Catherine, who is now 40, is now based in London and as well as writing about spiritual matters is a trained spiritual counsellor and interfaith minister after having studied at The Interfaith Seminary. The first year of the course was spent studying world religions which gave her a genuine understanding of differing faiths. When asked how she feels about the ways in which religions are used to incite acts of violence and terrorism she replies: “The great danger of religion is that it can be used to create peace and love or to justify violence and hatred. ‘A religion is only as perfect as the people who practice it,’ pointed out Amar Hegedus, an Imam who came as a guest speaker to teach us about Islam. ‘If it is practiced by ignorant and violent people, then no matter what their faith, it will lead to ignorance and violence’.
I think that’s really true. It isn’t that Islam is a religion of violence. There is tremendous wisdom and beauty in Islam. But there are a lot of very hurt and angry people in the world who use their religion to justify their actions. It is a reminder to all of us to live from the true spirit of our faith - from love, compassion and forgiveness - rather than get caught up in our own anger and judgement.”
Through her work she has also noticed a real openness in people to spiritual matters and explains: “There’s been such a shift away from religion in British culture, but at the same time people are still longing for purpose and meaning in their lives, which is creating an openness to spirituality. There’s a big difference to me between spirituality and religion. Religion is organized around a particular set of principles and ideas that you are taught to believe in. Whereas I think spirituality encourages people to find their own personal connection with God in the way that feels most right and natural for them. But either way, we face the same invitation and challenge, which is to learn to live our lives with deeper and deeper levels of love and compassion.”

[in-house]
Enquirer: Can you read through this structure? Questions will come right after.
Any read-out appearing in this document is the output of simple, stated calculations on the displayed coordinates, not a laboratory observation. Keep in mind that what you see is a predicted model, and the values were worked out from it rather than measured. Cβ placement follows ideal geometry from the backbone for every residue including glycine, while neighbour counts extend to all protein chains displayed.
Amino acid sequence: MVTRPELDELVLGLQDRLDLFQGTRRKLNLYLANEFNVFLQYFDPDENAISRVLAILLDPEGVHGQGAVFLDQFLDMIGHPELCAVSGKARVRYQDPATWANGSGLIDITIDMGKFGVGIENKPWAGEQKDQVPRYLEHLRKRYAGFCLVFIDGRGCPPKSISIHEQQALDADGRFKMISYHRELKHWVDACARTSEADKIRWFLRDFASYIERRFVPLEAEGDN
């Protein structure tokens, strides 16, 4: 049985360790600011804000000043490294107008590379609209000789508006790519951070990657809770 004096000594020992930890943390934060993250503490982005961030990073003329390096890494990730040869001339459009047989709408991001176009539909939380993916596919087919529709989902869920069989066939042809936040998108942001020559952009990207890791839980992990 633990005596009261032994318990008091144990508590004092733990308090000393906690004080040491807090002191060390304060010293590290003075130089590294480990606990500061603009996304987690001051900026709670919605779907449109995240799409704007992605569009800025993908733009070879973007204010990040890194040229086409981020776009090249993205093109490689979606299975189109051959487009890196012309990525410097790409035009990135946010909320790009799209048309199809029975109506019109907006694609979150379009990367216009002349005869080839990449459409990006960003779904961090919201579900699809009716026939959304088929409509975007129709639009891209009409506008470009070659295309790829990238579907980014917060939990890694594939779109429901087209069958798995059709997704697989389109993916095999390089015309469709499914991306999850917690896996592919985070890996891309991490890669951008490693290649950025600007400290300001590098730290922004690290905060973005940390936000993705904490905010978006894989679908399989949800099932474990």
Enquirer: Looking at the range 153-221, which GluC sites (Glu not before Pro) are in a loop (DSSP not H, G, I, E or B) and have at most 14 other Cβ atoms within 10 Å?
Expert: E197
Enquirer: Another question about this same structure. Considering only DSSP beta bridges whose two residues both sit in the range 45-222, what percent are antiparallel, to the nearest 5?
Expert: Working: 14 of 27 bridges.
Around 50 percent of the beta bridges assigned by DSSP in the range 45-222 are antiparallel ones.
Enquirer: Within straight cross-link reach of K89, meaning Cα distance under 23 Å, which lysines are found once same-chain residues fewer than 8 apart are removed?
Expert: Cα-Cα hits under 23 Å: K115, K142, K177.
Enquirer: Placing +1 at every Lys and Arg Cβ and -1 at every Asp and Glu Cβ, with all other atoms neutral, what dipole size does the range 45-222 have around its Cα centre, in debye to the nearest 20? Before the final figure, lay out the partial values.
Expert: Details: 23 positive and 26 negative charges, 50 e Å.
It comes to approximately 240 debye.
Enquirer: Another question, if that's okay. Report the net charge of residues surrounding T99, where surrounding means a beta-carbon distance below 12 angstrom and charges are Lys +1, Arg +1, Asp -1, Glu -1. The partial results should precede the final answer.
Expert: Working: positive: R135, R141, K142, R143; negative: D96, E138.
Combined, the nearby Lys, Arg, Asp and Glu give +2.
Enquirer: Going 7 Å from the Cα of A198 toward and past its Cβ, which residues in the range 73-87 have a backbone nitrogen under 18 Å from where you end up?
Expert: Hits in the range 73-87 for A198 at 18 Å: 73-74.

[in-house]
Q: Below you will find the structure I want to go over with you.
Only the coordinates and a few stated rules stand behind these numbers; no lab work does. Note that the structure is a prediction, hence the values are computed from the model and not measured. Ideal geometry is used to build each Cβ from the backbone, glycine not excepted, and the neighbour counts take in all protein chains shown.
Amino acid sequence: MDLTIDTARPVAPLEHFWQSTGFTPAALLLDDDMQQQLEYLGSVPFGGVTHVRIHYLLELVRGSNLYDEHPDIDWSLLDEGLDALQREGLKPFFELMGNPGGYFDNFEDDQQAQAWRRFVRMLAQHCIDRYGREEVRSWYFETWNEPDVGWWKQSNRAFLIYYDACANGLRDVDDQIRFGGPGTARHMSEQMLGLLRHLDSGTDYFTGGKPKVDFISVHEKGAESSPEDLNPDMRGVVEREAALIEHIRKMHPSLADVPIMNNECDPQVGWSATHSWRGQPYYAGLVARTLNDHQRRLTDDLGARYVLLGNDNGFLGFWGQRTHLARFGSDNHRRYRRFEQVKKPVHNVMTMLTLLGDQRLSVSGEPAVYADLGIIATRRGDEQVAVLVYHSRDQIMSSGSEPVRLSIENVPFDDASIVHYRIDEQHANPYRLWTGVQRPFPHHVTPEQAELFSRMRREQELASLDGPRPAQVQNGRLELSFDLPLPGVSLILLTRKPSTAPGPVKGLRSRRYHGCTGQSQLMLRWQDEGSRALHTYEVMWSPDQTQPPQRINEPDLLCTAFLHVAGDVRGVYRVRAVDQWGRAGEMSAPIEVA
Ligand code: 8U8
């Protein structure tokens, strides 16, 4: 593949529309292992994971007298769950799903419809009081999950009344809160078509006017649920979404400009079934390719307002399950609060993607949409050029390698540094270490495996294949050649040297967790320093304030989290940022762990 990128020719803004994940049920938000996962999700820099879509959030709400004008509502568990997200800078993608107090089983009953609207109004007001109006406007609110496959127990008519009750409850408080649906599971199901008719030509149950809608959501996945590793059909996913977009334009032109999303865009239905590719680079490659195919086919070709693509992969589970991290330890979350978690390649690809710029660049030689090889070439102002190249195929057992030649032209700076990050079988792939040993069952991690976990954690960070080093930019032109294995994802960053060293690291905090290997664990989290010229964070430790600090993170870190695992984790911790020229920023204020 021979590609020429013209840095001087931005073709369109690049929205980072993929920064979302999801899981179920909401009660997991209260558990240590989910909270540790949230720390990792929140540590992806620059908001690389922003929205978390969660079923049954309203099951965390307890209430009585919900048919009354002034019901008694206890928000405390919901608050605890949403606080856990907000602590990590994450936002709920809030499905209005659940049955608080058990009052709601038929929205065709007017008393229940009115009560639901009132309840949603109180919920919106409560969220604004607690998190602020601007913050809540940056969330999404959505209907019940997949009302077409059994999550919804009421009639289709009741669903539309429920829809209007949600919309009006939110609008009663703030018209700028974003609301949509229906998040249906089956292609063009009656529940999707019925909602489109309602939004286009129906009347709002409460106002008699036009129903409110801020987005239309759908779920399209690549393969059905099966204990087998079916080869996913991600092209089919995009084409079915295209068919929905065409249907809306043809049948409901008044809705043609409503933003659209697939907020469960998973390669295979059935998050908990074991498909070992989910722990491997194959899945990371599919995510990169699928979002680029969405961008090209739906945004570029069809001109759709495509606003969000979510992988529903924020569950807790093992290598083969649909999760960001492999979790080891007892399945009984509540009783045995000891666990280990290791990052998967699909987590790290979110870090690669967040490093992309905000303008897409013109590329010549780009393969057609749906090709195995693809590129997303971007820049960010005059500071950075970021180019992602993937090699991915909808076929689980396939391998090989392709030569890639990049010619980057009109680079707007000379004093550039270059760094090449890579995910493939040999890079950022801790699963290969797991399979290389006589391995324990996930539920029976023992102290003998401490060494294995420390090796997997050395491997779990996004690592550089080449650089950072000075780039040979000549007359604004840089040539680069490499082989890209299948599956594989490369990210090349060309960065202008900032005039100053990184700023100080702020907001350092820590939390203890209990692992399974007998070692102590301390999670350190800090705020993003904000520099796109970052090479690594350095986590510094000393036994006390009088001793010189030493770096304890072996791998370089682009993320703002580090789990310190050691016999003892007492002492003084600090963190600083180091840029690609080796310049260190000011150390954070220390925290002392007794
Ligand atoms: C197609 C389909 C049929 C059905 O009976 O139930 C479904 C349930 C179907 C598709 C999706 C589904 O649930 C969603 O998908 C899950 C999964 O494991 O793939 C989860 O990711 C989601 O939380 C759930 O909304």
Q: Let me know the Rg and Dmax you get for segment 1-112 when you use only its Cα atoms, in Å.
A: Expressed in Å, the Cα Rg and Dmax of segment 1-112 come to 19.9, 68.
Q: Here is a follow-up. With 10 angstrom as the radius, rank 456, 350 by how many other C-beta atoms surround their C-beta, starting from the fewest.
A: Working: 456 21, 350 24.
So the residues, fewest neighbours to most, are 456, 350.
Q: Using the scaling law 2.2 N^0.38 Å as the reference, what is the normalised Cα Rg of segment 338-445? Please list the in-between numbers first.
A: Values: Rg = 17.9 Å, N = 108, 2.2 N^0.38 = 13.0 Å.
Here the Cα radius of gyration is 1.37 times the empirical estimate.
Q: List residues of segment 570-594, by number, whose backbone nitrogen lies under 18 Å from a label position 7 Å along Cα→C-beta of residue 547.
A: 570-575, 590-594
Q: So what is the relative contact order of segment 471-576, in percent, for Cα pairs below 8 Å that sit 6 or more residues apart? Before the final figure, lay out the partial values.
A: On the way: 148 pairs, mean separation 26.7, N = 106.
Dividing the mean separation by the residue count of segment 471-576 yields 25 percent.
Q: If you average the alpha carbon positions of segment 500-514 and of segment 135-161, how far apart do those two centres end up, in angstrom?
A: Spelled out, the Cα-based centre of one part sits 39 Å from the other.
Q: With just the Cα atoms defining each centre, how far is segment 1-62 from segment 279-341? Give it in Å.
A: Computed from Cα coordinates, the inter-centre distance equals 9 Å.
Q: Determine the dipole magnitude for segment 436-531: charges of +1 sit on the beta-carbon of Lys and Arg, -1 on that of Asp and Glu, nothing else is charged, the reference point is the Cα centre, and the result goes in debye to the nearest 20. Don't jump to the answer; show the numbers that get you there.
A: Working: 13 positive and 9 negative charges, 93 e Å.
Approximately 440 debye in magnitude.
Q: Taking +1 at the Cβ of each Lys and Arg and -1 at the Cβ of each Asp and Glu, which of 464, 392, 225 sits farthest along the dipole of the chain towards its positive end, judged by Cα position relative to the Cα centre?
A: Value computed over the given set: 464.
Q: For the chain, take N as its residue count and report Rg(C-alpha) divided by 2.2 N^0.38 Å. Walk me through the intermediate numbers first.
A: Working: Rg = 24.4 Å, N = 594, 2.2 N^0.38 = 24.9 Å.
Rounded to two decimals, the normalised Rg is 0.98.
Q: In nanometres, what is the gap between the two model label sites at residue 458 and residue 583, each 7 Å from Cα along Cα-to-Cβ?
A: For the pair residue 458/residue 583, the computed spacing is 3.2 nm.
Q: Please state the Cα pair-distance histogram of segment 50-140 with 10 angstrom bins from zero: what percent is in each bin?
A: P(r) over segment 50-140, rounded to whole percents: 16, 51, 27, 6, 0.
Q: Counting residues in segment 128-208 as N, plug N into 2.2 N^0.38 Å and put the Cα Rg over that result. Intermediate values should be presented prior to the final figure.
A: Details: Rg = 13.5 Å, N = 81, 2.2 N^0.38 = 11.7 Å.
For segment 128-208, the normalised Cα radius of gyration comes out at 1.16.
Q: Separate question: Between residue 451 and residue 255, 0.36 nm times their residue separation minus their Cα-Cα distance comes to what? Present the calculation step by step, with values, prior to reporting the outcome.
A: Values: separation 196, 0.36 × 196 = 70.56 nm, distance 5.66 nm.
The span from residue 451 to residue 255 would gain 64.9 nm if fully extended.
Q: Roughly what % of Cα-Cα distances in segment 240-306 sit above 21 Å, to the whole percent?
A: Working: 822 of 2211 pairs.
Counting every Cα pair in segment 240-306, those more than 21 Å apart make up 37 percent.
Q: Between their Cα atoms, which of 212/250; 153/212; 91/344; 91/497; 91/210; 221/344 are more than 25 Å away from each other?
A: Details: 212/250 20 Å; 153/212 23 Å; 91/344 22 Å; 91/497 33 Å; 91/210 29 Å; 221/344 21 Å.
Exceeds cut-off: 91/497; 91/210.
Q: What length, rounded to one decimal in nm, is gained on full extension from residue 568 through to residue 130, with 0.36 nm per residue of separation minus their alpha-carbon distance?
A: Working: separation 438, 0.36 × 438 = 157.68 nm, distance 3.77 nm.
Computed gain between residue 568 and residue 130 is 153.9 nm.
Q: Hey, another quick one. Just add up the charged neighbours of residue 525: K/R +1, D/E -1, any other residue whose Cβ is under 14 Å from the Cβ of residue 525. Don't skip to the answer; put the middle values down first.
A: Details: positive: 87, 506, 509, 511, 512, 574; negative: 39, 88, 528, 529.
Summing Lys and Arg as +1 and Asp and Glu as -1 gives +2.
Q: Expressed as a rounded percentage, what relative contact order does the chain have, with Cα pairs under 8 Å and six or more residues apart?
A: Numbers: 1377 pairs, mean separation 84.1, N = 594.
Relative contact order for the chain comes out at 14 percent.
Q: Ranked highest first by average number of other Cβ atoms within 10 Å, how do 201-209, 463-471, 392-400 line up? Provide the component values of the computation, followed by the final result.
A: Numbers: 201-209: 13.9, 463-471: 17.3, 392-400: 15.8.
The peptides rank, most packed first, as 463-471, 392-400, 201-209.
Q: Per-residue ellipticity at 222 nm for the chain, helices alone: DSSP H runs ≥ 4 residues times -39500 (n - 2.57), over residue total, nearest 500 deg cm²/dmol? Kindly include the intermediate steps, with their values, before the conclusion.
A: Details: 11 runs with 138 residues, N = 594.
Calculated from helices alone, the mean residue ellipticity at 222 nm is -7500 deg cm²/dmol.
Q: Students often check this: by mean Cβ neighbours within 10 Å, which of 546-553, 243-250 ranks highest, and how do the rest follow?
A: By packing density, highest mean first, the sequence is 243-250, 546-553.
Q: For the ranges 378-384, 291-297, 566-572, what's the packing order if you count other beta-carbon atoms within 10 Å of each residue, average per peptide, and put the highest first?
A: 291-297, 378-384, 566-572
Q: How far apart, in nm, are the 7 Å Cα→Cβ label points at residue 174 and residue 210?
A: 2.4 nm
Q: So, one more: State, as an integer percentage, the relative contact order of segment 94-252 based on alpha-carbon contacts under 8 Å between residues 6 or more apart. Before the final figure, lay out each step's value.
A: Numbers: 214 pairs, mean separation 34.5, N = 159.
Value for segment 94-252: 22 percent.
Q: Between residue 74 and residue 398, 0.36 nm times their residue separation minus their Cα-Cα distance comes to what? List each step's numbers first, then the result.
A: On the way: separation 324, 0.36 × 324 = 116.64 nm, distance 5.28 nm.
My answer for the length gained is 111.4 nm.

She is now at peace with herself and with the support of her family has been able to move forward. She held a recent reading from her book on the Isle of Wight which she describes as “very moving”. She adds: “People are so pleased for me that I’ve finally come to terms with the accident and found a way to be happy.”
Now, she says, when she thinks of her mother she feels really grateful to her for everything. “I feel grateful to her for giving me life, for being my mum, for all that we shared together and in a strange way even for her death because it has taught me so much, though it’s not that I don’t wish she was alive.
Coming to peace with it has enabled me to accept the gift in it rather than being trapped in the pain and shock and horror of it all. I feel a tremendous amount of love for her and a real sense of her presence in the spirit still in my life.”